The spiraling economic meltdown in Zimbabwe has prompted the Central Bank to introduce a discounted currency. The government is trying to reverse chronic cash shortages that left people struggling to get hold of basic goods.
Under the new rules, Harare decided to abandon an unrealistic dollar peg for the country’s surrogate bond notes and electronic dollars, which were merged into a new currency called the RTGS dollar. It was adopted with a fixed exchange rate 1:1 parity policy on the surrogate bond note currency and the US dollar for a managed floating system.
The RTGS dollar derives its name from the country’s interbank online payment platform, Real Time Gross Settlement.
“There is nothing to stop Zimbabwe printing money with this new currency,” Jee-A van der Linde, an analyst at South Africa-based NKC African Economics told The Times daily. “The government has basically kicked the can down the road in recent years by trying to stimulate the economy through excessive spending,” he said.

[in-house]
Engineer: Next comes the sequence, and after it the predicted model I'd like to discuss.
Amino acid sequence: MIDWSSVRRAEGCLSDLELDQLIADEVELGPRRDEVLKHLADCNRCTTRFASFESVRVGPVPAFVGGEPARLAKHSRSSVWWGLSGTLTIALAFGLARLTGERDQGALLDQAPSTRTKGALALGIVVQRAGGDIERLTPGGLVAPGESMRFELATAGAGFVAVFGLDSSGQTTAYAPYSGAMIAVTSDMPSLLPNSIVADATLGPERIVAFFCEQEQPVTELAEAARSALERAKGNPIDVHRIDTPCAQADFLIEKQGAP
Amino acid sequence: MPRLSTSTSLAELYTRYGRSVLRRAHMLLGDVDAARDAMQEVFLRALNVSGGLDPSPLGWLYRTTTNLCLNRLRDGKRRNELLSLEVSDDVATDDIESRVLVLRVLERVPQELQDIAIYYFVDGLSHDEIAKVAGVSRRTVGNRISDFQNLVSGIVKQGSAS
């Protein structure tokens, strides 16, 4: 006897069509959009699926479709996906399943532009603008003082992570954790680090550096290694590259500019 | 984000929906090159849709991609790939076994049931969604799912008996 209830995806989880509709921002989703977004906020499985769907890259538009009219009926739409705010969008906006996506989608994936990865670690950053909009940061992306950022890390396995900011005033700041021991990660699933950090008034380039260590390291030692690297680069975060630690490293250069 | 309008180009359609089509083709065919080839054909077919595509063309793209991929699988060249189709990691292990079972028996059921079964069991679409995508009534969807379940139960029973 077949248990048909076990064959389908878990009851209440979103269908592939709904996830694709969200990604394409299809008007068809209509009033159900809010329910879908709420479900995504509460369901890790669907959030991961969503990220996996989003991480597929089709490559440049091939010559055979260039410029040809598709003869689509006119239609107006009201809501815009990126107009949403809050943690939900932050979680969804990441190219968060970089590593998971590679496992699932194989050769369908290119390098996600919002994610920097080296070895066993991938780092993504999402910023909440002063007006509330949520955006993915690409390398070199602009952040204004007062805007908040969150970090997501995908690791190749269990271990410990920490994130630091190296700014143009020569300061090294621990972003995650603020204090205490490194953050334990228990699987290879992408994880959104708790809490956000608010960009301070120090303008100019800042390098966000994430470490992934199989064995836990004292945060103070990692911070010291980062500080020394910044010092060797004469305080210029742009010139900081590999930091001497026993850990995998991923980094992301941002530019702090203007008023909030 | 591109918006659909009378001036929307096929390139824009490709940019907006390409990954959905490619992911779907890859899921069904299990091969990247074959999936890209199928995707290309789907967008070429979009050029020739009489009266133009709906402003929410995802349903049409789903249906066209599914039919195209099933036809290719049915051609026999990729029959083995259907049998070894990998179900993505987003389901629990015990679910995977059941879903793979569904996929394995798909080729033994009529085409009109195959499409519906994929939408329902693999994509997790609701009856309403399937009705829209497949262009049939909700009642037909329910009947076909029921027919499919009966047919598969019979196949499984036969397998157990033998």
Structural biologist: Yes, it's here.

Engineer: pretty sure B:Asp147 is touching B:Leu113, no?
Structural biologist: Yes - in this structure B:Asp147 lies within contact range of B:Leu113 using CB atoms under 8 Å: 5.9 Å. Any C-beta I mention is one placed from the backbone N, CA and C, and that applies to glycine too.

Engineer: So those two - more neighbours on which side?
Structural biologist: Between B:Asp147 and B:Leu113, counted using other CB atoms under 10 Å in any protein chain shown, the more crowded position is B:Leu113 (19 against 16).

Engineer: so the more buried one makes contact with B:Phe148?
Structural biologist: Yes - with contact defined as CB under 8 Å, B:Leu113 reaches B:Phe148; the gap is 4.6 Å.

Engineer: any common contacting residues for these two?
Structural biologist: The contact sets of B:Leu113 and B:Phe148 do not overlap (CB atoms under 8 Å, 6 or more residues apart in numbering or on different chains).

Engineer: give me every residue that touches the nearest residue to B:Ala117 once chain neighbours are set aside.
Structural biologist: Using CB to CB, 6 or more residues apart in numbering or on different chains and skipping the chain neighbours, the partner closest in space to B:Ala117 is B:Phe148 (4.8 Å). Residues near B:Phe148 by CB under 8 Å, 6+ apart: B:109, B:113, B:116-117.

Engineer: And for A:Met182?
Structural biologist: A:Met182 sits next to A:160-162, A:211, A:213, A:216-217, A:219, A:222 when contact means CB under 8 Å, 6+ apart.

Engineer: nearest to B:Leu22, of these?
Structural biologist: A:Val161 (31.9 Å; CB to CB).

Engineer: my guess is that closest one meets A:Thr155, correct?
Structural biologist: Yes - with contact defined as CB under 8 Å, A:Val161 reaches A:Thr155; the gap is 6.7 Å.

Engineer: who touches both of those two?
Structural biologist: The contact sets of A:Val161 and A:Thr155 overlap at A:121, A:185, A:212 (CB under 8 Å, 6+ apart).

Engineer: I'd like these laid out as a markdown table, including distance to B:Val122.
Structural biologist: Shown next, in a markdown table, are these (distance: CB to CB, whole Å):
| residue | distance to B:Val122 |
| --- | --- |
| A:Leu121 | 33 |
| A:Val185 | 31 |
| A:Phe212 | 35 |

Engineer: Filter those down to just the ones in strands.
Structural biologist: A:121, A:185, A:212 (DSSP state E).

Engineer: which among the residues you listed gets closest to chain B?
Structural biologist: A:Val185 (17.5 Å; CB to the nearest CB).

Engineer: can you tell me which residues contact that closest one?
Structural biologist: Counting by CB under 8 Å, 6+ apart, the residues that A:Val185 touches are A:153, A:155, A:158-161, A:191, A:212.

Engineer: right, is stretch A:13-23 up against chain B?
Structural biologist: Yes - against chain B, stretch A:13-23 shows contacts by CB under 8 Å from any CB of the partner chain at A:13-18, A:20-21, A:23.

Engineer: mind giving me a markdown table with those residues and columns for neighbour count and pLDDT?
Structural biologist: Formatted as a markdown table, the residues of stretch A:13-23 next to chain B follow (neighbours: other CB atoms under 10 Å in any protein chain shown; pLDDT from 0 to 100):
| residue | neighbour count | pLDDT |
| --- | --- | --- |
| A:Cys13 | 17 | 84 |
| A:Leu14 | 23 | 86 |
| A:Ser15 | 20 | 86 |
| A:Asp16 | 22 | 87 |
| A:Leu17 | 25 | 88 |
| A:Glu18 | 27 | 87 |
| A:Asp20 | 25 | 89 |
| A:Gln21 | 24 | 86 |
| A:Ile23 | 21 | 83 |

Former finance minister and opposition politician Tendai Biti, who oversaw Zimbabwe’s adoption of the US dollar to curb hyperinflation 10 years ago, has slammed the new policy as “voodoo economics.”
“It is disaster, it is grand theft, it is voodoo economics,” Biti told the Financial Times. “There is no market confidence and there are no reserves,” he said, adding: “We are Zimbabweans, we have seen this before.”
Residents of Harare now have to wait outside banks for hours to withdraw a maximum of around $30 in surrogate money or collect remittances from relatives abroad.